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September 9, 2005 edition of The New York Sun
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The Stoler Report

September 9, 2005 Edition > Section:  Sports

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Sunday Preview

By SEAN LAHMAN
September 9, 2005

A D V E R T I S E M E N T
  1. Ahead of Roberts Hearing, Republicans Strategize
  2. U.N. Now Seeks Sweeter Deal on U.S. Loan
  3. An Unfinished Theology
  4. Saddam Aide Hired Camelot Attorney To Bribe U.N. Staff
  5. Weingarten Opens 'Oasis' of a School

As the 2005 NFL season kicks off, expectations are high for the Jets and Giants. Both teams went 3-1 in their exhibition games, but this weekend, both will be put to the test in games that count. Here's a look at the challenges they will face.

WHEN THE JETS HAVE THE BALL

It's hard to think of a better team against which to test Chad Pennington's surgically repaired shoulder. Kansas City added some veterans in an attempt to bolster their beleaguered defense, but the poor pass defense that has plagued them in recent seasons showed no signs of being resolved during the Chiefs' 0-4 preseason. Receivers Laveranues Coles and Justin McCareins are both capable of stretching the field, and that's something we should see repeatedly against the shaky K.C. secondary.

WHEN THE CHIEFS HAVE THE BALL

The Chiefs are going to live and die with the running game. Their offensive line is one of the league's most formidable, veteran Priest Holmes is still one of the best rushers in the league, and backup Larry Johnson had three 100-yard rushing games in five starts last season. Tony Gonzalez may be the best tight ever, but his usefulness this weekend could be limited because of injuries at quarterback. Starter Trent Green had surgery two weeks ago to address a circulatory problem in his leg, and backup Todd Collins and third-stringer Damon Huard are both questionable for the game. The Jets will rely on linebackers Jonathan Vilma and Eric Barton to shed blockers and make plays.

KEY TO THE GAME

The Jets defense will need to contain the Chiefs' running game and force them to throw the ball. The Chiefs don't have a playmaker at wide receiver and with Green's leg problems, it's not likely they'll be able to beat the Jets with their aerial attack. If the young Jets' line can keep Holmes and Johnson from running wild, the Jets will win.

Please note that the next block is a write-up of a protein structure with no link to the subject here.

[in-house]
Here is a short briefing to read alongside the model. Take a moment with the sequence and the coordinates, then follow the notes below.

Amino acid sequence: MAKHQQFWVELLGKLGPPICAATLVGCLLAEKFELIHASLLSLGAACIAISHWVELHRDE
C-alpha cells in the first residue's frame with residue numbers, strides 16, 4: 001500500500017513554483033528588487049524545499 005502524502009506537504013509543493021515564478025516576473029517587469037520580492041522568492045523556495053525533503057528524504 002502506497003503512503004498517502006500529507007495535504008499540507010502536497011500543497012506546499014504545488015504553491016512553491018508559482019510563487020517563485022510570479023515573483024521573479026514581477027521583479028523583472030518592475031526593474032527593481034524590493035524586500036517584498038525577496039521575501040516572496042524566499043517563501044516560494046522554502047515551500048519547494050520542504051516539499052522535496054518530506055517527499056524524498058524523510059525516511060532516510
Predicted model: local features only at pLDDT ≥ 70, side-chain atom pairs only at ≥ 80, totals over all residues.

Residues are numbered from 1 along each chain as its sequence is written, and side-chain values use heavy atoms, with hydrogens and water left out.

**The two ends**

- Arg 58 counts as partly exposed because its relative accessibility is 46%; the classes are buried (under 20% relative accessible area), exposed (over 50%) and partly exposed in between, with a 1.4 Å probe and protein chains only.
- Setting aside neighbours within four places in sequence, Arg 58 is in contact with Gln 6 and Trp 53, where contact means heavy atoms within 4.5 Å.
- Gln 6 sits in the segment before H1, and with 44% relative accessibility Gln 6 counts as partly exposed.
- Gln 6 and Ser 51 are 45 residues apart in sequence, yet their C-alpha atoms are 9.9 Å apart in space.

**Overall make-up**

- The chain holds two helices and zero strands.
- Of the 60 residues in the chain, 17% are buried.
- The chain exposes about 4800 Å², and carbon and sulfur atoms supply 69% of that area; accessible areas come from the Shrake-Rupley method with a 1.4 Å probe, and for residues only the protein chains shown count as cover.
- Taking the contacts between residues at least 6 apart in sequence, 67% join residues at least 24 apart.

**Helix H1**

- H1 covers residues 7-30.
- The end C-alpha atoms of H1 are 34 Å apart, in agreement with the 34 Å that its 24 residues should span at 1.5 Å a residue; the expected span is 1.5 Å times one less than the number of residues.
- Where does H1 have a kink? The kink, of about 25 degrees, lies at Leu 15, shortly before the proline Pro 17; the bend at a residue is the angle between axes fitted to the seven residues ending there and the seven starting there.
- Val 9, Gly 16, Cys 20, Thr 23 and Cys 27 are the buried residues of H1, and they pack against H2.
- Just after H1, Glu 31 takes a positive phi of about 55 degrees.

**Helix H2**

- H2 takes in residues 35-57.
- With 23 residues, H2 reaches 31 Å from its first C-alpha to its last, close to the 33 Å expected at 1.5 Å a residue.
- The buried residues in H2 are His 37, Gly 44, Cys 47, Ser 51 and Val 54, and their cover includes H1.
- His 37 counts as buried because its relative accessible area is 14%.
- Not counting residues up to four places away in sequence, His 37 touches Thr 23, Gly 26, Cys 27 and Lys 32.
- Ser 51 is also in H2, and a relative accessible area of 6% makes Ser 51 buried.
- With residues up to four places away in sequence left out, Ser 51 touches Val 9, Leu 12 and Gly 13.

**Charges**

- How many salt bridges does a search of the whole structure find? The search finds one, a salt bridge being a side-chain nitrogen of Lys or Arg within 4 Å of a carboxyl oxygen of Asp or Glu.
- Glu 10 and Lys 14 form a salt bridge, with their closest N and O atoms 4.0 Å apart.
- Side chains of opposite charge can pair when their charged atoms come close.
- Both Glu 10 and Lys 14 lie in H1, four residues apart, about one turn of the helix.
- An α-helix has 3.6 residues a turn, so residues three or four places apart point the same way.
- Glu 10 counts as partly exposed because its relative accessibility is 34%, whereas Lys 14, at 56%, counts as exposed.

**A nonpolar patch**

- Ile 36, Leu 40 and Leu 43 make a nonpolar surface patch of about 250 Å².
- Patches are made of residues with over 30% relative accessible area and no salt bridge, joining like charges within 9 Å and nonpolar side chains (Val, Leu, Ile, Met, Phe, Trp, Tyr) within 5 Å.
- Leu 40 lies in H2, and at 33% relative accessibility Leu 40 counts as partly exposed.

WHEN THE GIANTS HAVE THE BALL

With a full off-season under his belt, fans are eager for the Eli Manning to show why he was worthy of being the top pick in the 2004 draft. That day may be coming soon, but it probably won't be this Sunday. Although the team insists that his sprained elbow won't limit him, look for the Giants to rely primarily on their running game. Tiki Barber is still one of the best backs in the league, and the Cardinals ranked 27th in run defense last year. The Giants will try to establish the run early and control the tempo of the game.

WHEN THE CARDS HAVE THE BALL

The addition of veteran quarterback Kurt Warner to Arizona's trio of dangerous young receivers - Anquan Boldin, Larry Fitzgerald, and Bryant Johnson - should provide the Cardinals with an explosive. But it may take a while before everybody is on the same page. On the ground, injuries to the offensive line have made it a difficult preseason for rookie running back J.J. Arrington. If the Cardinals can't establish the ground game on Sunday, it'll be hard for them to open things up downfield. The Giants defense has looked sharp during the preseason, particularly in the air, where they led all teams with eight interceptions.

KEY TO THE GAME

The Giants' defense will need to get a good pass rush from the front four and drop the other seven defenders into coverage to contain Arizona's dangerous wideouts. If they can't generate pressure up front, Warner will make some big plays. Squeeze him hard enough, and he'll will make mistakes, either by taking costly sacks, fumbling the ball, or throwing into coverage.



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